Rep. Jackie Walorski, R-Ind., and two aides died in a car crash Wednesday when the vehicle they were in was struck by another, according to Elkhart County, Ind., Sheriff’s Office.
The statement said the crash is still under investigation, but a northbound car with one occupant crossed the center line and collided with the car containing Walorski and two others.
The sheriff’s office said the others killed in Walorski’s car were Zachery Potts, 27, of Mishawaka, Ind., and Emma Thomson, 28, of Washington, D.C. Walorski’s chief of staff said in a statement they were on her staff, and professional online profiles for Potts said he served as Walorski’s district director, while Thomson’s said she was Walorski’s communications director.
The driver of the northbound car, who was also killed, was Edith Schmucker, 56, of Nappanee, Ind., according to the sheriff’s statement.
A spokesman for House Speaker Nancy Pelosi, D-Calif., said she had ordered flags to fly at half staff at the Capitol to mark Walorski’s passing.
In a statement, Pelosi said Walorski served her community as well as those suffering abroad, such as children in poverty in Romania. “She passionately brought the voices of her north Indiana constituents to the Congress, and she was admired by colleagues on both sides of the aisle for her personal kindness,” Pelosi’s statement said.
Republican Whip Steve Scalise, R-La., called Walorski a “champion for the people of Indiana,” in a statement Wednesday.
“She will be remembered for her kindness, tenacity, and commitment to helping others,” Scalise said, noting that Walorski had served as a member of his whip team.
Minority Leader Kevin McCarthy, R-Calif., announced Walorski’s death “with a heavy heart” in a statement on Twitter.
Transportation Secretary Pete Buttigieg, an Indiana native, said on Twitter he was “shocked and saddened” to learn of Walorski’s death.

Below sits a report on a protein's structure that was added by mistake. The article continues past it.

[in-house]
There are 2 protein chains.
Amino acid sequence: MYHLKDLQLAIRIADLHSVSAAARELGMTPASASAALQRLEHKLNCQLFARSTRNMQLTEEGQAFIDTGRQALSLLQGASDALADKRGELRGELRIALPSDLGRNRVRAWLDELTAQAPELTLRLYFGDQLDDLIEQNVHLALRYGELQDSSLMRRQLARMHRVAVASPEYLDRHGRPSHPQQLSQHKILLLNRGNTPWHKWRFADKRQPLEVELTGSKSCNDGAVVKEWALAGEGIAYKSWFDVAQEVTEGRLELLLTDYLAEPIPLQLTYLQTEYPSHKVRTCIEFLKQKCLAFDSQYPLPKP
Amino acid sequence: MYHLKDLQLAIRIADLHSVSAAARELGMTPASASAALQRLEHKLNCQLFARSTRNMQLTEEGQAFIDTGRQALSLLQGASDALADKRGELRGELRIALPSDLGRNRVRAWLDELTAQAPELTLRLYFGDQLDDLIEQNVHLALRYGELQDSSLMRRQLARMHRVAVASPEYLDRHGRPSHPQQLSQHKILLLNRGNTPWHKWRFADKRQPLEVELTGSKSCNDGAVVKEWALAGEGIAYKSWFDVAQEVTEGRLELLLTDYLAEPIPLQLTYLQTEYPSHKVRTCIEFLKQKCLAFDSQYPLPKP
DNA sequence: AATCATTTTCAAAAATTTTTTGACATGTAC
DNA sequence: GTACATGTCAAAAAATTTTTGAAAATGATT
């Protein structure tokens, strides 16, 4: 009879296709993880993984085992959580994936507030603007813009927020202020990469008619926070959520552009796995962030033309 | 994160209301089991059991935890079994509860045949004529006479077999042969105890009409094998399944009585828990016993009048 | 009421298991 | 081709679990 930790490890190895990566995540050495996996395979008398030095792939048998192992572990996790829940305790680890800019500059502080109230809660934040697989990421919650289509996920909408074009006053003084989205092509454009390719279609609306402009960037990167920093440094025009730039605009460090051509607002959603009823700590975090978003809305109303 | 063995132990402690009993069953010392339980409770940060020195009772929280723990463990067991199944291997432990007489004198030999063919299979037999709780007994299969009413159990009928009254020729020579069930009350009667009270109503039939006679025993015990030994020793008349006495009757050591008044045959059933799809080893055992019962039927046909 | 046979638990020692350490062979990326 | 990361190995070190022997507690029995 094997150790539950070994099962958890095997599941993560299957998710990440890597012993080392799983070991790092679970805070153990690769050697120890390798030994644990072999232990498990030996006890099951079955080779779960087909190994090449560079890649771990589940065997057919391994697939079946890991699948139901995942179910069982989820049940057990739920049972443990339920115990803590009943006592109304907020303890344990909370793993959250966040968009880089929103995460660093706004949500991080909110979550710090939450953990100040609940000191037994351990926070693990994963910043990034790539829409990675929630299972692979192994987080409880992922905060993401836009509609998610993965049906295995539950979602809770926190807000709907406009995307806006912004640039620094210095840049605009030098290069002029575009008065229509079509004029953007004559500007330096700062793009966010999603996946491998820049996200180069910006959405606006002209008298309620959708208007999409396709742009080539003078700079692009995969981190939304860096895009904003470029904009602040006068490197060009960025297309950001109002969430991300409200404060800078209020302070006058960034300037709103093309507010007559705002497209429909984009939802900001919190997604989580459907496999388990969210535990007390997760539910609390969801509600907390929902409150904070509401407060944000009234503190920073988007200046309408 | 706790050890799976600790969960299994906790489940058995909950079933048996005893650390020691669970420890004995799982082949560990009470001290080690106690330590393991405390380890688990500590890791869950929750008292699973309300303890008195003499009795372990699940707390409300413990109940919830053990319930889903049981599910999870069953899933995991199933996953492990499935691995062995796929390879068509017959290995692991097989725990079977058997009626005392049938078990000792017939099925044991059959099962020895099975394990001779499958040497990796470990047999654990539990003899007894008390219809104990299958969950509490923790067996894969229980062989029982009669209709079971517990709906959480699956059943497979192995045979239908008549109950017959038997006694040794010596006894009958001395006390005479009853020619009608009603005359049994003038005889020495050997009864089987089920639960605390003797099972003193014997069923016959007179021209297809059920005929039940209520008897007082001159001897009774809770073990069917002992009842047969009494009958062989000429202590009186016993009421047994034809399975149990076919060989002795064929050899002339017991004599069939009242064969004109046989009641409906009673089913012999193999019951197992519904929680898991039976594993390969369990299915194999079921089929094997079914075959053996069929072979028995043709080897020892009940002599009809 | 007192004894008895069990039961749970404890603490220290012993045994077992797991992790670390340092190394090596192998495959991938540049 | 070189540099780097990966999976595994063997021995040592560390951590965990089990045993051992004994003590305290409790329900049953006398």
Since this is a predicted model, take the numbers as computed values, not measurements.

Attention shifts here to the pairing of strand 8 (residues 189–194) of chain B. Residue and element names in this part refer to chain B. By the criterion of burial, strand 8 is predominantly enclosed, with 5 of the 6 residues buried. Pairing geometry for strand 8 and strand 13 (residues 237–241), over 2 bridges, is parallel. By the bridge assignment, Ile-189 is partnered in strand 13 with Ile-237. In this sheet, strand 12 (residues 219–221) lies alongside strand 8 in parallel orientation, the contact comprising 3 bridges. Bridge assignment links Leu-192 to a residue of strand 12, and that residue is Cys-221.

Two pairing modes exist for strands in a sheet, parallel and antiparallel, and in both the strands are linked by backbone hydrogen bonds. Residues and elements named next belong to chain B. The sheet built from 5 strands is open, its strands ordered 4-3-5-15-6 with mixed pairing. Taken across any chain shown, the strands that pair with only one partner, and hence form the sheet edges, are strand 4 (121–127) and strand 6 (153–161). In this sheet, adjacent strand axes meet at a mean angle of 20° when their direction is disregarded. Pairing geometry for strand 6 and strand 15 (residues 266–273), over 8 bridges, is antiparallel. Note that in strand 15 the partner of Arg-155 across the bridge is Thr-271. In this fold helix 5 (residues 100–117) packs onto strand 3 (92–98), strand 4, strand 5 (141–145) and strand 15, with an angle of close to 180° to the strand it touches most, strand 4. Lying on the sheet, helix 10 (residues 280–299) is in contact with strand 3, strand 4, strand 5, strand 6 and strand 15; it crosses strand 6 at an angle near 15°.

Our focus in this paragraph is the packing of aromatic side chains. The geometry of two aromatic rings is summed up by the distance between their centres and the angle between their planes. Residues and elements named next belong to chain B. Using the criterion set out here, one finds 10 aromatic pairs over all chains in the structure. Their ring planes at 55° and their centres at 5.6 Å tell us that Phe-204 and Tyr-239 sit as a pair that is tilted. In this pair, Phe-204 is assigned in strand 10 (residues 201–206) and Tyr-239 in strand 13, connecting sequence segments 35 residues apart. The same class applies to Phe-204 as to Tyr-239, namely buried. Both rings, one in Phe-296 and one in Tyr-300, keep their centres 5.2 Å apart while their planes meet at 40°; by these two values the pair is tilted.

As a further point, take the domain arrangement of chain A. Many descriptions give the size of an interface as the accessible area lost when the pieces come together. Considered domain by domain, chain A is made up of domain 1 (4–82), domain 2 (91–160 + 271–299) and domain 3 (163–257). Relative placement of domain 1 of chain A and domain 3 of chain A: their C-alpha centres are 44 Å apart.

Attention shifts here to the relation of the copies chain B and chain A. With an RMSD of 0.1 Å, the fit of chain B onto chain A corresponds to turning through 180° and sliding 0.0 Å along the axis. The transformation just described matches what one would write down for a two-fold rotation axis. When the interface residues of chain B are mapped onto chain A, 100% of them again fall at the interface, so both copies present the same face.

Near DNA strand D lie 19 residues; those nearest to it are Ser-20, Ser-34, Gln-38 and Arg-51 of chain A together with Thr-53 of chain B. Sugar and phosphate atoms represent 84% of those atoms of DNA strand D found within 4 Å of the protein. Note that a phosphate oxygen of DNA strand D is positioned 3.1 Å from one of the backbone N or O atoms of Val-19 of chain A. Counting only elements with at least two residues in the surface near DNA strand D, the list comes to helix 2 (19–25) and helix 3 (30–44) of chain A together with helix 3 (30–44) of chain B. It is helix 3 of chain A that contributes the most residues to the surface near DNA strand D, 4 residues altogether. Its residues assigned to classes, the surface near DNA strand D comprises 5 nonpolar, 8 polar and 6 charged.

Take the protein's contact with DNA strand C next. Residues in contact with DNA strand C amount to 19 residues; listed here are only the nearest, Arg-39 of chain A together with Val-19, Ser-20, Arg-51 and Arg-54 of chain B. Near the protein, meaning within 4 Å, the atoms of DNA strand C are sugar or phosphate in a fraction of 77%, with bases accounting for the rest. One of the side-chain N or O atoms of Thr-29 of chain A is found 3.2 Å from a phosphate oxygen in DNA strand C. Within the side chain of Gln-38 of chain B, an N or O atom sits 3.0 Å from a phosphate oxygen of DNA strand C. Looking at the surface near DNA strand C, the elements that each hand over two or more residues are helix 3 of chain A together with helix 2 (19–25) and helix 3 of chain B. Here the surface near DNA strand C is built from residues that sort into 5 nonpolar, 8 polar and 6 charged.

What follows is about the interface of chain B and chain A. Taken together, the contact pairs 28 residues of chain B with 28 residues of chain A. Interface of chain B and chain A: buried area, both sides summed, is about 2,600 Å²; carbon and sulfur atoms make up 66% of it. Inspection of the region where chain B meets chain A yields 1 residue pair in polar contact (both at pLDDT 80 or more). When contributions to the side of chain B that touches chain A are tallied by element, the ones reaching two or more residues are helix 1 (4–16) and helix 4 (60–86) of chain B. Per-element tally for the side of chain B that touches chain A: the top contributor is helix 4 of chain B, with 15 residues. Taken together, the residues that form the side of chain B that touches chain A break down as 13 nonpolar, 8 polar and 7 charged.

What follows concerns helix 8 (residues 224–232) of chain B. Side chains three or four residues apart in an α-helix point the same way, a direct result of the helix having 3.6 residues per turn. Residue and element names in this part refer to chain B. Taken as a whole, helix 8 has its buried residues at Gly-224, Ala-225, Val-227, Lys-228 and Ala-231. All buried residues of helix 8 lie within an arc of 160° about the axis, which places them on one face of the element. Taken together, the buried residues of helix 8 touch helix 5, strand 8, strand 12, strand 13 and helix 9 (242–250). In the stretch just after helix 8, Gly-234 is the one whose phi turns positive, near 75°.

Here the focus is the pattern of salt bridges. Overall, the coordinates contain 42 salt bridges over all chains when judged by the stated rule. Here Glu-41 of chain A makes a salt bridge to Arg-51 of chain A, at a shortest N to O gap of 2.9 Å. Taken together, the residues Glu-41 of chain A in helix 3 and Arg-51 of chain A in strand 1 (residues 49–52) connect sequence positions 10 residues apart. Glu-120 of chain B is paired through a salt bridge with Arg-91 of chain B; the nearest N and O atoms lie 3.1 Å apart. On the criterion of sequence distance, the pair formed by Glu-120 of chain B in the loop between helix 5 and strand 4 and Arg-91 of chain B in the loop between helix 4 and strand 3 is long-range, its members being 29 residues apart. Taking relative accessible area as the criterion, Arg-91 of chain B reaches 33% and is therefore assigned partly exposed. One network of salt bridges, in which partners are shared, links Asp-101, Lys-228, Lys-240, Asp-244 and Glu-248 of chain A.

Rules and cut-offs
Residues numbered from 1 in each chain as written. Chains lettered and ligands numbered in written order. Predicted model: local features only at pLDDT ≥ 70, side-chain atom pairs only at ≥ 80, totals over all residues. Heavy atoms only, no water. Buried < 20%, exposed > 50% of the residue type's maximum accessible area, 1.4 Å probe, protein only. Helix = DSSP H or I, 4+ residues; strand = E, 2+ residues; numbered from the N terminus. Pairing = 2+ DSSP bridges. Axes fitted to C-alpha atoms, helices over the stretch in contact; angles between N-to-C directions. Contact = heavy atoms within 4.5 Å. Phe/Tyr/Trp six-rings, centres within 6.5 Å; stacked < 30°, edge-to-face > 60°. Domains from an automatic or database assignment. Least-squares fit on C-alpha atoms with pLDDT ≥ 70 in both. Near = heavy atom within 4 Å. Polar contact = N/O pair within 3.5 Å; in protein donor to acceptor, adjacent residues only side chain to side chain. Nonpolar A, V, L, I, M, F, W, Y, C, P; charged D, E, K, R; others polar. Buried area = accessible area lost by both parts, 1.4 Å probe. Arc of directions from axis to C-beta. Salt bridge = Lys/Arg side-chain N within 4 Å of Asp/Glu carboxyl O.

“Though we came from very different places politically, she was always prepared to work together where there was common ground, always decent and straightforward, and she cared deeply about her work and her constituents,” Buttigieg said.
Walorski had served in Congress since 2012, when she first won election in Indiana’s 2nd Congressional District.
In the 117th Congress, Walorski served as ranking member of the Ethics Committee, as well as a member of the Ways and Means Committee.
Ways and Means Committee ranking member Rep. Kevin Brady, R-Texas, called Walorski “our happy Hoosier” in an appearance on “Washington Watch,” an online program of the conservative Family Research Council.
Brady emphasized the work Walorski had done to support faith-based adoption agencies and “make sure states and federal government couldn’t cancel out faith-based organizations who were merely trying to practice their faith and connect foster kids and other children.”
“She lit up every room she was and she brought joy, passion, brilliance, to everything, and she could do everything,” Brady said.
Walorski used her post on the powerful tax-writing committee to look out for Indiana’s manufacturing sector and opposed tariffs on foreign goods that had resulted in retaliatory tariffs on American ones.
Walorski was one of more than 130 House Republicans to vote against certifying President Joe Biden’s victories in Pennsylvania and Arizona in the 2020 election following the Jan. 6, 2021, attack on the Capitol.
An ally of former President Donald Trump, she occasionally clashed with his administration over its aggressive pursuit of tariffs on foreign steel and aluminum products. She backed Trump’s effort to renegotiate the North America Free Trade Agreement.
She joined most members of the House in voting to override Trump’s veto of a defense policy bill in late 2020.
She served on the Congressional Caucus on Women’s Issues, Caucus on Youth Sports, the Defense Communities Caucus and conservative Republican Study Committee.
Walorski first ran for office in 2004 and served three terms in the state House before running for Congress in the 2nd District in 2010. She lost narrowly to then-Rep. Joe Donnelly.
Following congressional redistricting, she ran again in 2012 and won. She is survived by her husband, Dean Swihart.